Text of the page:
Wilde’s book documents the rise of a revolutionary hero and an actuarial genius named Atwood, a woman bent on control. She is the sexy blond wizard at the tip of a lethal spear: She heads a nationwide movement of millennials. She blames baby boomers for bringing children into a world of want and sucking the life from them. Atwood claims that boomers selfishly control the wealth, the jobs, the health care system and the government. Narcissistic to the core, boomers elected the worst of their own as president, a man who promised to safeguard the boomers’ dominance. The world contains every part of young adults’ birthright, but the boomers maintain a death grip. So, Atwood declares war.
There are many windows into our past. Few offer a view that is as detailed, as accurate or as absorbing as ‘Manhattan Beach.’
The protagonist in this lovely piece of historical fiction is a working-class girl of Irish descent, Anna Kerrigan. She is freakishly unlucky but stalwart, living in Depression-era New York City. The names of the neighborhoods she frequents are lit on road signs with the flickering, colored lights of gangsterism and industrialism that illuminated Gotham during the Roosevelt years. Most will have heard of Anna’s neighborhoods and will recognize the connotations that go with the names. These are the places around Sheepshead Bay where the Navy built battleships, where Syndicate underbosses ran jazz clubs and gambling parlors, where prostitutes and loan sharks were always at one’s elbow. This is the place and the time into which mobster John Gotti was born.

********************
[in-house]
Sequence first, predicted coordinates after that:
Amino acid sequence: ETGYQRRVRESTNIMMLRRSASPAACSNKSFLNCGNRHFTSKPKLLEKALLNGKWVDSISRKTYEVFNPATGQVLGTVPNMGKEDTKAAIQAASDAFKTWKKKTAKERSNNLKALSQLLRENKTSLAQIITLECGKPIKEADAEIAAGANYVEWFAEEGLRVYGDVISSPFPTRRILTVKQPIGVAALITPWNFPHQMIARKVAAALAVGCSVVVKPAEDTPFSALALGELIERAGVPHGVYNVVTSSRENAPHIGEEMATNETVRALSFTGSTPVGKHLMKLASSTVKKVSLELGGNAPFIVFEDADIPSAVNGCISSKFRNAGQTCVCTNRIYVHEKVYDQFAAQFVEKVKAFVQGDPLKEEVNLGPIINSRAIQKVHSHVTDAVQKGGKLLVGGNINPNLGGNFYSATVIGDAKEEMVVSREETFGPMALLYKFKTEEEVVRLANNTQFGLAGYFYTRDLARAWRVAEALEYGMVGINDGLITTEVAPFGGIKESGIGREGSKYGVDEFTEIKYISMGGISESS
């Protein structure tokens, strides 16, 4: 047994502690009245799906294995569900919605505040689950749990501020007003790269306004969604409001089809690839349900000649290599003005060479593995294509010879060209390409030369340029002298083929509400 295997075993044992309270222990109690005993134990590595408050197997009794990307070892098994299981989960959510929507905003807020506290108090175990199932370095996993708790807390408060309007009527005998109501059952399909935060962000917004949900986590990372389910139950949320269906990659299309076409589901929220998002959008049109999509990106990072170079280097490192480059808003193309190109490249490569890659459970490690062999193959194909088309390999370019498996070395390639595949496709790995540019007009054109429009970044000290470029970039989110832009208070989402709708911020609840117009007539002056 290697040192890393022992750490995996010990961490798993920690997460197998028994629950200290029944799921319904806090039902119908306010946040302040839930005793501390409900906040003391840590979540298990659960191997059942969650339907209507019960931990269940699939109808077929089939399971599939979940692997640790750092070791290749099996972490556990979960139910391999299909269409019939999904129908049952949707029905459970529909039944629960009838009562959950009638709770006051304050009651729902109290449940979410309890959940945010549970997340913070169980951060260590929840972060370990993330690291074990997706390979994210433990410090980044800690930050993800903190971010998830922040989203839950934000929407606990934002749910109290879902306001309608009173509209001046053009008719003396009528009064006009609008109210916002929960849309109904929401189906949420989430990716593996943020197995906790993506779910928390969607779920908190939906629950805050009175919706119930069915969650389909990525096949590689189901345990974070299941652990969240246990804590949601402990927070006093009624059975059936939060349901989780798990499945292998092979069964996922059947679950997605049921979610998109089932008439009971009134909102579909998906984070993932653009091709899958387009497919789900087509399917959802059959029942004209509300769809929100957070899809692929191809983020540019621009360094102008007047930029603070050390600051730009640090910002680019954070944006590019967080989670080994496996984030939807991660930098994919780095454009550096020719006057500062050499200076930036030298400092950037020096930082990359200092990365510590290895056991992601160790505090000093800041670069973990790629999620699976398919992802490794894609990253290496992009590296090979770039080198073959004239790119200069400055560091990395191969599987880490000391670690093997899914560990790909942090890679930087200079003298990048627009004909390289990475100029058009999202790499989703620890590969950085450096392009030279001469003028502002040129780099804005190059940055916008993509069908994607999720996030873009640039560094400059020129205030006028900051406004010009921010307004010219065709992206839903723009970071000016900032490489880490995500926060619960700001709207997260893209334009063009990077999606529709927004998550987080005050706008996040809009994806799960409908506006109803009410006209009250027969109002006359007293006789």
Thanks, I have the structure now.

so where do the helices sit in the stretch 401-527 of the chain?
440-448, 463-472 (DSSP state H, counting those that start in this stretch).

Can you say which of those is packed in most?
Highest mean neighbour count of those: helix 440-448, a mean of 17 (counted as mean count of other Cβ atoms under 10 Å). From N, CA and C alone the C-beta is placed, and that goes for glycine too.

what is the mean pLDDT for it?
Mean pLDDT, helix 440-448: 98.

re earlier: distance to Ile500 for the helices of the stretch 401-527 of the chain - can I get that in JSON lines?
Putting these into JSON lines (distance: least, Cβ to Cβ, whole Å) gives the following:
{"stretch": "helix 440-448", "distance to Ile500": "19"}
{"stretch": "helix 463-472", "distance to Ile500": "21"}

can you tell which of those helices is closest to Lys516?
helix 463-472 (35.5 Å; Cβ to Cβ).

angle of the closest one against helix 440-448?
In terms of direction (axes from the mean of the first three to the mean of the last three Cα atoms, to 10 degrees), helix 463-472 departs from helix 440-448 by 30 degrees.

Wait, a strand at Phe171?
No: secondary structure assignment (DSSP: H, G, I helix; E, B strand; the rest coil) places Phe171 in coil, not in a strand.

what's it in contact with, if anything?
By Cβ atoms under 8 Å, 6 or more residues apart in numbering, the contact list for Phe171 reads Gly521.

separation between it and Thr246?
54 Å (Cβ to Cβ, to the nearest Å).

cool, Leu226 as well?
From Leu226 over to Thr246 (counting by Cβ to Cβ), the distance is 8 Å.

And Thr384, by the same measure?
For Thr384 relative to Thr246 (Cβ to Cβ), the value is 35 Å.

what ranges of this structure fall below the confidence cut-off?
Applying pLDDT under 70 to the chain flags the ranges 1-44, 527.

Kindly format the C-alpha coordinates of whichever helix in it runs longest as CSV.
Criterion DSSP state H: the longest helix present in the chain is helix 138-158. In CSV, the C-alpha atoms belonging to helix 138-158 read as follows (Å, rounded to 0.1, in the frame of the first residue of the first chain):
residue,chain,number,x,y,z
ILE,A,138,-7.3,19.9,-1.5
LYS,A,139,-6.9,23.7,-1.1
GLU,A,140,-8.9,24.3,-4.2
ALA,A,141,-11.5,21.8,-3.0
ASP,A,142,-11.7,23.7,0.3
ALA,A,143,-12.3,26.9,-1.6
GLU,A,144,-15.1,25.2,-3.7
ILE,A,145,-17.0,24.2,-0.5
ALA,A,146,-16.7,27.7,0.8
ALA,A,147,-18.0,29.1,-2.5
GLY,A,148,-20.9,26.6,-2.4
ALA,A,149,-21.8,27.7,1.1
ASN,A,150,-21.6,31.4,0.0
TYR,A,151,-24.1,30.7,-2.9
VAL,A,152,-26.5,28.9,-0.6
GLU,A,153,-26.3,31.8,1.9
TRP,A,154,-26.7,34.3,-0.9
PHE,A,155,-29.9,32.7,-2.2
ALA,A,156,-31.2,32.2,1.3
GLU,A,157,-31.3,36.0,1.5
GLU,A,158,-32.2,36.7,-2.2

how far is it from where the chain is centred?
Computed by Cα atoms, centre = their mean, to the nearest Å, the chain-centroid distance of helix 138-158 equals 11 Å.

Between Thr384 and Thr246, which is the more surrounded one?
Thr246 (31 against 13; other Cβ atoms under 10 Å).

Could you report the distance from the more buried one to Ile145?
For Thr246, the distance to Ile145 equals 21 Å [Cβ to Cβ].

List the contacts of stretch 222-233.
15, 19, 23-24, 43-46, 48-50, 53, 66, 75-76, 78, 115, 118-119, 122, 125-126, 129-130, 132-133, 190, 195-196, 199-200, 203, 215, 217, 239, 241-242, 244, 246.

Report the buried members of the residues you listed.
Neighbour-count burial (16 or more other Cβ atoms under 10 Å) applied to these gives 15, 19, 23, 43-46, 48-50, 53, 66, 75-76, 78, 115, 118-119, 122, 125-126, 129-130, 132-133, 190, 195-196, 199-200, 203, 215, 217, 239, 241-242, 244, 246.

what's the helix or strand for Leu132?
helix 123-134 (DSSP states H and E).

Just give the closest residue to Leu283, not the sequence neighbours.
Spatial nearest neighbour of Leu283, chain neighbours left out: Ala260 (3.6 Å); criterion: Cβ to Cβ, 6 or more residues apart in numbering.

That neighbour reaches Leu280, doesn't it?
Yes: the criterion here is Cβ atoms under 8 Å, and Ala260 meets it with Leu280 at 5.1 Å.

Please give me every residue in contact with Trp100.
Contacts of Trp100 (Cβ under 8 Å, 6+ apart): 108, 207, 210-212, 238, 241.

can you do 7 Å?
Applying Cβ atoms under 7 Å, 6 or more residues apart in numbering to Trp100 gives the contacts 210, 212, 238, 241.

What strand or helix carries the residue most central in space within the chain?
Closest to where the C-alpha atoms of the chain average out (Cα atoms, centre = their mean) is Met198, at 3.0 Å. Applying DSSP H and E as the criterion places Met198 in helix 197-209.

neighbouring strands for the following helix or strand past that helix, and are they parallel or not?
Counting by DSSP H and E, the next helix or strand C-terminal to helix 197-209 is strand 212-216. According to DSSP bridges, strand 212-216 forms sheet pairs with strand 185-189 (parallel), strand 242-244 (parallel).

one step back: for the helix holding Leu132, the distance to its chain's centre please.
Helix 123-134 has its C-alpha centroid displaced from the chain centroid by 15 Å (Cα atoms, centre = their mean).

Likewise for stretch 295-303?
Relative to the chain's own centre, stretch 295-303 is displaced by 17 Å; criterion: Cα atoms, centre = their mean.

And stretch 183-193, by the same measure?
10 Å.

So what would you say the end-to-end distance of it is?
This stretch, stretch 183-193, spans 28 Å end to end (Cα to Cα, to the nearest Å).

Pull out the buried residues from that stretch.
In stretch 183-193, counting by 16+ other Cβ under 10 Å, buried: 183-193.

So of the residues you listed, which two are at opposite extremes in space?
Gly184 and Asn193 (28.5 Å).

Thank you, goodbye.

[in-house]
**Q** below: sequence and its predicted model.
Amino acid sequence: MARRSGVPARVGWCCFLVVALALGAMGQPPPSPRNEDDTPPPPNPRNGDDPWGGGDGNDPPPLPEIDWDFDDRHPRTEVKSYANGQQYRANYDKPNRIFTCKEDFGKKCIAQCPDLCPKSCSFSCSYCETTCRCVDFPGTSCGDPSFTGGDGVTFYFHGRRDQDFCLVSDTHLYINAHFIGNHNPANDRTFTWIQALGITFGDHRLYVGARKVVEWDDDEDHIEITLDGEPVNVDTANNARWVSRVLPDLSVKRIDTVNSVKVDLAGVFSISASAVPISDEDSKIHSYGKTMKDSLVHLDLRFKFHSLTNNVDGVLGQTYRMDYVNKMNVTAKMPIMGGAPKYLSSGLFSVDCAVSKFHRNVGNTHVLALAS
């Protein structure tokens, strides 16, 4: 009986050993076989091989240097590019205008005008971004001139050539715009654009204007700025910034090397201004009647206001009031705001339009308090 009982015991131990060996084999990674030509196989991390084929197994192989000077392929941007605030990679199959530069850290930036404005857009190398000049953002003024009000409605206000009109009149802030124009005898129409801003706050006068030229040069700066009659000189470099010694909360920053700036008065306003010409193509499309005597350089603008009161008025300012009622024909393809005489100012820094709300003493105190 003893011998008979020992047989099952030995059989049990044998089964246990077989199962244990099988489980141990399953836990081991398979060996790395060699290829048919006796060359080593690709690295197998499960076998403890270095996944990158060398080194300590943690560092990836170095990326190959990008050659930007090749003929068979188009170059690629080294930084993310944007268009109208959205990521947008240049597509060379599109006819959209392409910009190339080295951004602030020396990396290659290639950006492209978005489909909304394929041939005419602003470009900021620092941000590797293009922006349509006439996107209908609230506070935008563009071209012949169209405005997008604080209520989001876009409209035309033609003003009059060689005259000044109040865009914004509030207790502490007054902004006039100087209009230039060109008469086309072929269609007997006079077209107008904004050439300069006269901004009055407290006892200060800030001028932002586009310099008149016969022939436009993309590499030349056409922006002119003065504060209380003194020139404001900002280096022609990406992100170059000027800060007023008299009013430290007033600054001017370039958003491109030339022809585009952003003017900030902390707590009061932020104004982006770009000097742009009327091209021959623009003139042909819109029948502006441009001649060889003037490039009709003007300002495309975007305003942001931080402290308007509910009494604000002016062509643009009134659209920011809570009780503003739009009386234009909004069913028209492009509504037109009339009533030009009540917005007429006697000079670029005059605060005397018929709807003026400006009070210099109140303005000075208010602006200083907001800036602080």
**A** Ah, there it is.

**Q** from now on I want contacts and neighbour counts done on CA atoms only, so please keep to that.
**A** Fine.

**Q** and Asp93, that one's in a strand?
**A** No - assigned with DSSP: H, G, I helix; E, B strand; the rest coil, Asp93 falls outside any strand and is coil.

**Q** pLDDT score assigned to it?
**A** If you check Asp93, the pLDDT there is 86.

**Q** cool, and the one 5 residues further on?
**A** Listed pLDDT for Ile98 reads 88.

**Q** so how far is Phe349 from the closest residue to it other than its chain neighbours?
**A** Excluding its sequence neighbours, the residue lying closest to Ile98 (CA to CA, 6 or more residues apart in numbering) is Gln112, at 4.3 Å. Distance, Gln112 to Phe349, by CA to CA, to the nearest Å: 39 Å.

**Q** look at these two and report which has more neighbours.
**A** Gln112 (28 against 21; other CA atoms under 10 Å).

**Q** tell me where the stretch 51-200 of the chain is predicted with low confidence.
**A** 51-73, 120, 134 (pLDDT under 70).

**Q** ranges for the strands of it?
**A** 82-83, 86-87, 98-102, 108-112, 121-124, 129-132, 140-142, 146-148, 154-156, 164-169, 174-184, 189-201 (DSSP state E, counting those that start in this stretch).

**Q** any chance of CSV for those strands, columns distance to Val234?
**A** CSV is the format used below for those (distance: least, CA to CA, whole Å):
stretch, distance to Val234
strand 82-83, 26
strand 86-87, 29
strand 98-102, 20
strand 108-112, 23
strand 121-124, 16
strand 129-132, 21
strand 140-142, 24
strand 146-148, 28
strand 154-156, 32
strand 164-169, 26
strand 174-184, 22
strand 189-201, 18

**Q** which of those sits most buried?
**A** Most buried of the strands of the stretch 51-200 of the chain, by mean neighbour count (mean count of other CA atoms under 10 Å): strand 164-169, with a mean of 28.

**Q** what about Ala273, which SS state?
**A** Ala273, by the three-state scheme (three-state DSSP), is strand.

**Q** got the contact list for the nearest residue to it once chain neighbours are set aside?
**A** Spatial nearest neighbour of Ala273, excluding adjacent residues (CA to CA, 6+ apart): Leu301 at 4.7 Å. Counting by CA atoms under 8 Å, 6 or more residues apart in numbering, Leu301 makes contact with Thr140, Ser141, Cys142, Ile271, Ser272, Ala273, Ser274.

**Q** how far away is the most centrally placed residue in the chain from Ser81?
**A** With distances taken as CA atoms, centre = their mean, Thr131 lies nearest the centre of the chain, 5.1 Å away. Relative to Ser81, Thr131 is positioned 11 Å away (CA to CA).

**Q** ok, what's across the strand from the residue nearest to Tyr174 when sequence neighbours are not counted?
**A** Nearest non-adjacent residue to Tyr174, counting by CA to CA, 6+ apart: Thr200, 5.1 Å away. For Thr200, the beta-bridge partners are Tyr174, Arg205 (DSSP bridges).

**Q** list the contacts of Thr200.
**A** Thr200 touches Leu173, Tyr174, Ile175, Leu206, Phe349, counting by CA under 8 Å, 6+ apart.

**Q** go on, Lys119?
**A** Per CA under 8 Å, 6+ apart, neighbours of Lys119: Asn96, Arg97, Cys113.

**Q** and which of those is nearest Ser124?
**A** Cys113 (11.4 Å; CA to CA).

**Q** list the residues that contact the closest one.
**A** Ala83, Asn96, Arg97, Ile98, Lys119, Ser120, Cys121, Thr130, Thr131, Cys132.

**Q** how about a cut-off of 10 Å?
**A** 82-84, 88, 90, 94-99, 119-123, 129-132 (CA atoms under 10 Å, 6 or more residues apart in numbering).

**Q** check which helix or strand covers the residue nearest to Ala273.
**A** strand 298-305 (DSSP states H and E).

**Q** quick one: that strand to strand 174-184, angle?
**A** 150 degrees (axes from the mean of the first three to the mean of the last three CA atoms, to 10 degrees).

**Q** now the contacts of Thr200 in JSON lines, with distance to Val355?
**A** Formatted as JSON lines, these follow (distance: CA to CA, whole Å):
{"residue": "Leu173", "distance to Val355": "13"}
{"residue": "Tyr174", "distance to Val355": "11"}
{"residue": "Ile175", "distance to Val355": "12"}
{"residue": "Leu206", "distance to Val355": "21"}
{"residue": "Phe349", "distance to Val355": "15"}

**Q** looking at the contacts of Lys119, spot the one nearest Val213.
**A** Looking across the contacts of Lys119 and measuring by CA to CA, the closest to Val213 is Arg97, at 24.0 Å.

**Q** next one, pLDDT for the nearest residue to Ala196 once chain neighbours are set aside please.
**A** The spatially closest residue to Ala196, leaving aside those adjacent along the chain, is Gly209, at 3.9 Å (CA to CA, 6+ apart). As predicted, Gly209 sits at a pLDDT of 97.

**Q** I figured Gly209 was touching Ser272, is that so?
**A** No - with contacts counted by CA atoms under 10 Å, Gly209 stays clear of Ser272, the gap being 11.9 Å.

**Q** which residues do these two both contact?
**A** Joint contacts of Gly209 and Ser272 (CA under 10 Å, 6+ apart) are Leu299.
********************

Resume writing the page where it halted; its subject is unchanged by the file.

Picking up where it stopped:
Some lives get so ugly and hopeless that, even to an outsider, crystal meth and murder look perfectly sensible. That’s one of several Faulknerian themes baked into this thin, memorable novel.
The family at the heart of this story is impossibly poor and seemingly stuck in the red mud of Mississippi’s gulf coast. It never gets any better. The dear and the innocent are slain and their ghosts haunt. The desperate and unwary have babies with men who their parents know are suited only for life in prison. And the children, the simple ones who are slapped down when they speak of severe hunger, they study the scenes. They try to guess which path might permit their survival. You might find yourself recognizing advantages you didn’t know you had.